Reasons for performing study: There is limited knowledge about both histological features in early navicular disease and what histological features are represented by increased signal intensity in fat-suppressed magnetic resonance (MR) images of the navicular bone.
Objective: To characterise increased signal intensity in the spongiosa of the navicular bone in fat-suppressed MR images and to compare this with histopathology; and to compare objective grading of all aspects of the navicular bone on MR images with histological findings.
Methods: One or both front feet of 22 horses with foot pain and a median lameness duration of 3 months were examined using high-field MR imaging (MRI) and histopathology. The dorsal, palmar, proximal and distal borders of the navicular bone and the spongiosa were assigned an MRI grade (0–3) and a histological grade and compared statistically.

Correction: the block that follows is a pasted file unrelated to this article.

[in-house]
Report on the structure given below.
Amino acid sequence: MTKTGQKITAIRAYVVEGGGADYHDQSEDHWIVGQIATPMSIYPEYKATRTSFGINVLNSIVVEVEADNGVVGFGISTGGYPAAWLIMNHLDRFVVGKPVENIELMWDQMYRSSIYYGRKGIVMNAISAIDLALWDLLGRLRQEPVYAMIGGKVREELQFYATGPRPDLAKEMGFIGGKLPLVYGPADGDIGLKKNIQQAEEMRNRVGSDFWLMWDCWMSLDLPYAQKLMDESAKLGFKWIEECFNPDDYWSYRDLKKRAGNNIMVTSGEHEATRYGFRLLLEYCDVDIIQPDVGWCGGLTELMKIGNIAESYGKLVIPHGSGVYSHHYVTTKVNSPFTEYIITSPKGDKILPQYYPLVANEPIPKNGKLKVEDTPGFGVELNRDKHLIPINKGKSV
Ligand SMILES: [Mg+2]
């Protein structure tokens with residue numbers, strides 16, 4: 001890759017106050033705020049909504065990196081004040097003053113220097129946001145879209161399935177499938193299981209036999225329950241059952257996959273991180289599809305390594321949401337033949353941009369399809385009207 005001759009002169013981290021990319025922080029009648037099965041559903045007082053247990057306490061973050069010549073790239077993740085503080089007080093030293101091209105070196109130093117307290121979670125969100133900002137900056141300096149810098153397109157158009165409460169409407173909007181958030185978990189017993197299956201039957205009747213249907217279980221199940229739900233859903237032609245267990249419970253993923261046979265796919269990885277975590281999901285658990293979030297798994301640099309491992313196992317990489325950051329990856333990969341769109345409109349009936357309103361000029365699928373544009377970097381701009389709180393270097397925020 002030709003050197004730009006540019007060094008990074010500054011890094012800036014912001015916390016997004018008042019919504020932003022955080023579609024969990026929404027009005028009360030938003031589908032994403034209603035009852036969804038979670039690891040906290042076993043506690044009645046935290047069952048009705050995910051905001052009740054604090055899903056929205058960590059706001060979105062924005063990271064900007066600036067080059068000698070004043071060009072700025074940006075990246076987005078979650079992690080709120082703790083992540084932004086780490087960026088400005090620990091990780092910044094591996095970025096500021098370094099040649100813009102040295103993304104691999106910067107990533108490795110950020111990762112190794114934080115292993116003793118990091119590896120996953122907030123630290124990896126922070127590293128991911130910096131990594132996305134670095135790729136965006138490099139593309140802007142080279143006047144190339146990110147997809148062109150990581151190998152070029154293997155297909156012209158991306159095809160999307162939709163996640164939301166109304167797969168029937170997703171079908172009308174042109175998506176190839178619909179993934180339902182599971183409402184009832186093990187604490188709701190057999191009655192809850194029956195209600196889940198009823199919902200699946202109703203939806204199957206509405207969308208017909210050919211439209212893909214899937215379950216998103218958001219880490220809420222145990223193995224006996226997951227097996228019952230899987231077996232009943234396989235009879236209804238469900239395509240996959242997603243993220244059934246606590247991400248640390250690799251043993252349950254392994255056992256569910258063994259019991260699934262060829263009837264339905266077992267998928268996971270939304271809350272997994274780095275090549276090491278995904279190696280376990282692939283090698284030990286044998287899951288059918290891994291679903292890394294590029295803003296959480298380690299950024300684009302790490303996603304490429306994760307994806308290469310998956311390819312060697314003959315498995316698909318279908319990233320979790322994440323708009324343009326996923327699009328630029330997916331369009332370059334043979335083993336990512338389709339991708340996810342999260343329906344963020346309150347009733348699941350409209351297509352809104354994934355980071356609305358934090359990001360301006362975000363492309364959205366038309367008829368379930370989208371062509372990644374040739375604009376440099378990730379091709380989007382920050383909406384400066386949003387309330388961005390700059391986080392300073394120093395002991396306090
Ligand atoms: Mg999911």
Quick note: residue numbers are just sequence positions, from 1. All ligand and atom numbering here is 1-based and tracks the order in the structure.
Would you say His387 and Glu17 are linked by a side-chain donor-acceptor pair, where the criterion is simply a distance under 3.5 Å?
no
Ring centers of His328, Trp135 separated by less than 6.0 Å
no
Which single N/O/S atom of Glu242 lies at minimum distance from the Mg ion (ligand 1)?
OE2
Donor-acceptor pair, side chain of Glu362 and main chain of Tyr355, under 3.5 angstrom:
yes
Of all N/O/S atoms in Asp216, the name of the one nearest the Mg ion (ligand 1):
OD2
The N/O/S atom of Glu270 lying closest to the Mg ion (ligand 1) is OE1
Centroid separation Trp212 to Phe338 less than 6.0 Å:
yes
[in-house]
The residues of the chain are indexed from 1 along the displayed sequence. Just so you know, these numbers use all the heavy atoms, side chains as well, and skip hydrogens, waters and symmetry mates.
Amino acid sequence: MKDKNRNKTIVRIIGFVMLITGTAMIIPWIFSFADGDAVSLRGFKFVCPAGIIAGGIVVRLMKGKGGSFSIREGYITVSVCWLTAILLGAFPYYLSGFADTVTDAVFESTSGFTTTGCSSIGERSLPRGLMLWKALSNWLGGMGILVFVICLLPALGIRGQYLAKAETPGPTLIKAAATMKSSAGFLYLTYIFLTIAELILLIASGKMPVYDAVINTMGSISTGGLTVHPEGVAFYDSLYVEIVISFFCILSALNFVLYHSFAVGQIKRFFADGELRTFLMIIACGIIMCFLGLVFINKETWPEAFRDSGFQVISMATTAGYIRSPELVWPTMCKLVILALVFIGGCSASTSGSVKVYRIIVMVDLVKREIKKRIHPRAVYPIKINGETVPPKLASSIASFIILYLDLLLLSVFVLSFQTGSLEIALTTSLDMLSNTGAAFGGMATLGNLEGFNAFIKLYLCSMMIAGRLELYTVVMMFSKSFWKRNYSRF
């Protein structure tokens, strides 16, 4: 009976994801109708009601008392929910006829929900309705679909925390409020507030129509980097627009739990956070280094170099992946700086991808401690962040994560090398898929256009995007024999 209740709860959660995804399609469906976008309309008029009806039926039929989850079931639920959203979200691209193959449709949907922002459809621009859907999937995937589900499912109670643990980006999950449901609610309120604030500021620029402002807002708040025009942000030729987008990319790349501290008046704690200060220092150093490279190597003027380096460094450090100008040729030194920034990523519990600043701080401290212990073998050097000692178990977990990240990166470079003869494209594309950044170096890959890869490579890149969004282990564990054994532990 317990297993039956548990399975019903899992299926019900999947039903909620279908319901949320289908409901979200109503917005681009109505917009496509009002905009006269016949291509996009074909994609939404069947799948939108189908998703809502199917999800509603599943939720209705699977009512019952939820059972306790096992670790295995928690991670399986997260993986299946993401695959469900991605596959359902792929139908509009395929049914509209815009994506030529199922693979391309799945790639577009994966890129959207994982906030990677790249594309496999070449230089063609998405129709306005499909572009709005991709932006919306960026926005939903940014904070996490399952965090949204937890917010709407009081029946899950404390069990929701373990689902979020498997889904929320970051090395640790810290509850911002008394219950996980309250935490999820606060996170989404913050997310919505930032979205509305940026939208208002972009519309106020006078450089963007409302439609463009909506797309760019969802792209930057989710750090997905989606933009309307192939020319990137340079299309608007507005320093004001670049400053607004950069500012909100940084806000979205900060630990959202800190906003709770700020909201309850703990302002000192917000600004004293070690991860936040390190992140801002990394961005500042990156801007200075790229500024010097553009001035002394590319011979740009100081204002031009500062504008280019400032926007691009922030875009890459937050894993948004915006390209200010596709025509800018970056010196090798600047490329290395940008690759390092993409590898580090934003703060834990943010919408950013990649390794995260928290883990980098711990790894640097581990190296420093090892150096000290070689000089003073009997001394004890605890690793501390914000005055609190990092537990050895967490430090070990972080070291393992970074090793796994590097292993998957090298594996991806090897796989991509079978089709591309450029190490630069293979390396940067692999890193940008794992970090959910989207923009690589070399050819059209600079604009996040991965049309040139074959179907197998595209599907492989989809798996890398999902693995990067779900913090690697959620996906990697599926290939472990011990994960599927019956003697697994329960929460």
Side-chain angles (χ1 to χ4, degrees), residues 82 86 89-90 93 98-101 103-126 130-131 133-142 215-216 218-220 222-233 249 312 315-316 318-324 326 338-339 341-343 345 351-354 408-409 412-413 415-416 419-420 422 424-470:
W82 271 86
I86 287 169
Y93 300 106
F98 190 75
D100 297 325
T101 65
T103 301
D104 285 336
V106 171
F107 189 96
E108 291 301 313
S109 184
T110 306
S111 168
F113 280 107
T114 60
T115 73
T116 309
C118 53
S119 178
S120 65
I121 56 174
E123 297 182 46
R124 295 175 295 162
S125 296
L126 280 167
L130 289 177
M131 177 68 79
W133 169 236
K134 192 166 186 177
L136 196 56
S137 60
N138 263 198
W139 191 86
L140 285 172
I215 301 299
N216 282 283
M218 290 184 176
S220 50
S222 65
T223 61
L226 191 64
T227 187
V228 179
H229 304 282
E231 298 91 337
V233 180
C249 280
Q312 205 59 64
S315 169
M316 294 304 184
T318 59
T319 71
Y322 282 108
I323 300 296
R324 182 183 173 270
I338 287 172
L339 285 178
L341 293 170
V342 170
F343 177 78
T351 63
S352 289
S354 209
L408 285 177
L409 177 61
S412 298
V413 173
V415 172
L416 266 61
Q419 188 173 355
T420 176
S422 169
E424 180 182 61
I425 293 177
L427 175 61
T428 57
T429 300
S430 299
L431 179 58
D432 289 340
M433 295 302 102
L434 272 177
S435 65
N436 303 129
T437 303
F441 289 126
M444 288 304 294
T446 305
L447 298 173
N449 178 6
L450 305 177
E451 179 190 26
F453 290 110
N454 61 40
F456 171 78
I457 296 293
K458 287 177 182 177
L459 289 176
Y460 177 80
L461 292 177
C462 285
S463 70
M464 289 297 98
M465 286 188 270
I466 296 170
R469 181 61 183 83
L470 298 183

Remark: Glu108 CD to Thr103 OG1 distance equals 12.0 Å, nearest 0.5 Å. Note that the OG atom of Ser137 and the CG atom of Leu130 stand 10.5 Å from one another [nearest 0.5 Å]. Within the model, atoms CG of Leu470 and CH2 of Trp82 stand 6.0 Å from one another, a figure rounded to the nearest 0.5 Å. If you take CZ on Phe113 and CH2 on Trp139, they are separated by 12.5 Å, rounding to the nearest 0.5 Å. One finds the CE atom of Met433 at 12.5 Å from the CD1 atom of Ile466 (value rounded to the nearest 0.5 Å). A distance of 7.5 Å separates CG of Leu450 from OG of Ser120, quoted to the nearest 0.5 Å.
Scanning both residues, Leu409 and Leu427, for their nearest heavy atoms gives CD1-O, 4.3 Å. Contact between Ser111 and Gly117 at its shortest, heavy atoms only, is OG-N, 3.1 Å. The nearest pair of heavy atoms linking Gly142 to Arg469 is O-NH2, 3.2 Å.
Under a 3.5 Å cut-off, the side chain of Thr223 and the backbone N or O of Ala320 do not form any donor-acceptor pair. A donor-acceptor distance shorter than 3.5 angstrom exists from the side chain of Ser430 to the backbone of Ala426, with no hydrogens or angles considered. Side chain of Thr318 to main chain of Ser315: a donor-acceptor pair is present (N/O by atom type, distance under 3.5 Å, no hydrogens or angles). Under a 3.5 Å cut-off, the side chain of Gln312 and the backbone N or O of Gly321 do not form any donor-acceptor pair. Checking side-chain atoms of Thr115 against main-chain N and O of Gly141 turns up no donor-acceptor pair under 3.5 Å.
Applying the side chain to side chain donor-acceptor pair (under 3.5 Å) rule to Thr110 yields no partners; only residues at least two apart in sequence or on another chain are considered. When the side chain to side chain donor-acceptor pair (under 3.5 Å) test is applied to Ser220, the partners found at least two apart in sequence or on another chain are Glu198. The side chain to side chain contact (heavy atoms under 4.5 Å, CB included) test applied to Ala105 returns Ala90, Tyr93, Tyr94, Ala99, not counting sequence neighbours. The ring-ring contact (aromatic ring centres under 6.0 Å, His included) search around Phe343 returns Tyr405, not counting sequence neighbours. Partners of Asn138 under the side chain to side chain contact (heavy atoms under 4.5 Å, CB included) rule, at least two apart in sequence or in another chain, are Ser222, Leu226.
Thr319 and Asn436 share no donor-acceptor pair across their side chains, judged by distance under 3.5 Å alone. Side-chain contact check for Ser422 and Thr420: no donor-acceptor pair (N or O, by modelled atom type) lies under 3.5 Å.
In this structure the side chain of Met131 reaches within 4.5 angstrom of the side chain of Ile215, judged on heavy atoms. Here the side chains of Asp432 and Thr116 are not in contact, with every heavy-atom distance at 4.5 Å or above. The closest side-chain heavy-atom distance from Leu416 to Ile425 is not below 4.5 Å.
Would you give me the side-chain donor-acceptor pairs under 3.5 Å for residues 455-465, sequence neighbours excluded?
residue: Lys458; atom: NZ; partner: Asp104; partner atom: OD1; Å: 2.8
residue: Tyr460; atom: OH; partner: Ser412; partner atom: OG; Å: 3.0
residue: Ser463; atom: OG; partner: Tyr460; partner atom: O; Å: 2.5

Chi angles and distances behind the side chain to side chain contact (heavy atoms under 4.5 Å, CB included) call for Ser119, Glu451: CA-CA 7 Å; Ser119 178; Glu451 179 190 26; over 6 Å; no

Results: Increased signal intensity in the spongiosa of the navicular bone was associated with a variety of abnormalities, including fat atrophy, with lipocytes showing loss of definition of cytoplasmic borders, a proliferation of capillaries within the altered marrow fat, perivascular or interstitial oedema, enlarged intertrabecular bone spaces, fibroplasia and thinned trabeculae showing loss of bone with irregularly spiculated edges of moth-eaten appearance. There were significant associations among histological lesions of the fibrocartilage, calcified cartilage and subchondral bone. There were also significant associations between MRI grading of the spongiosa and both histological marrow fat grade and the combined maximum of the MRI grades for the fibrocartilage.
Conclusions and potential relevance: Increased signal intensity in the spongiosa of the navicular bone in fat-suppressed MR images may occur in association with lesions of the fibrocartilage with or without subchondral bone or may represent a separate disease entity, particularly if diffuse, reflecting a variety of alterations of trabecular bone and marrow fat architecture.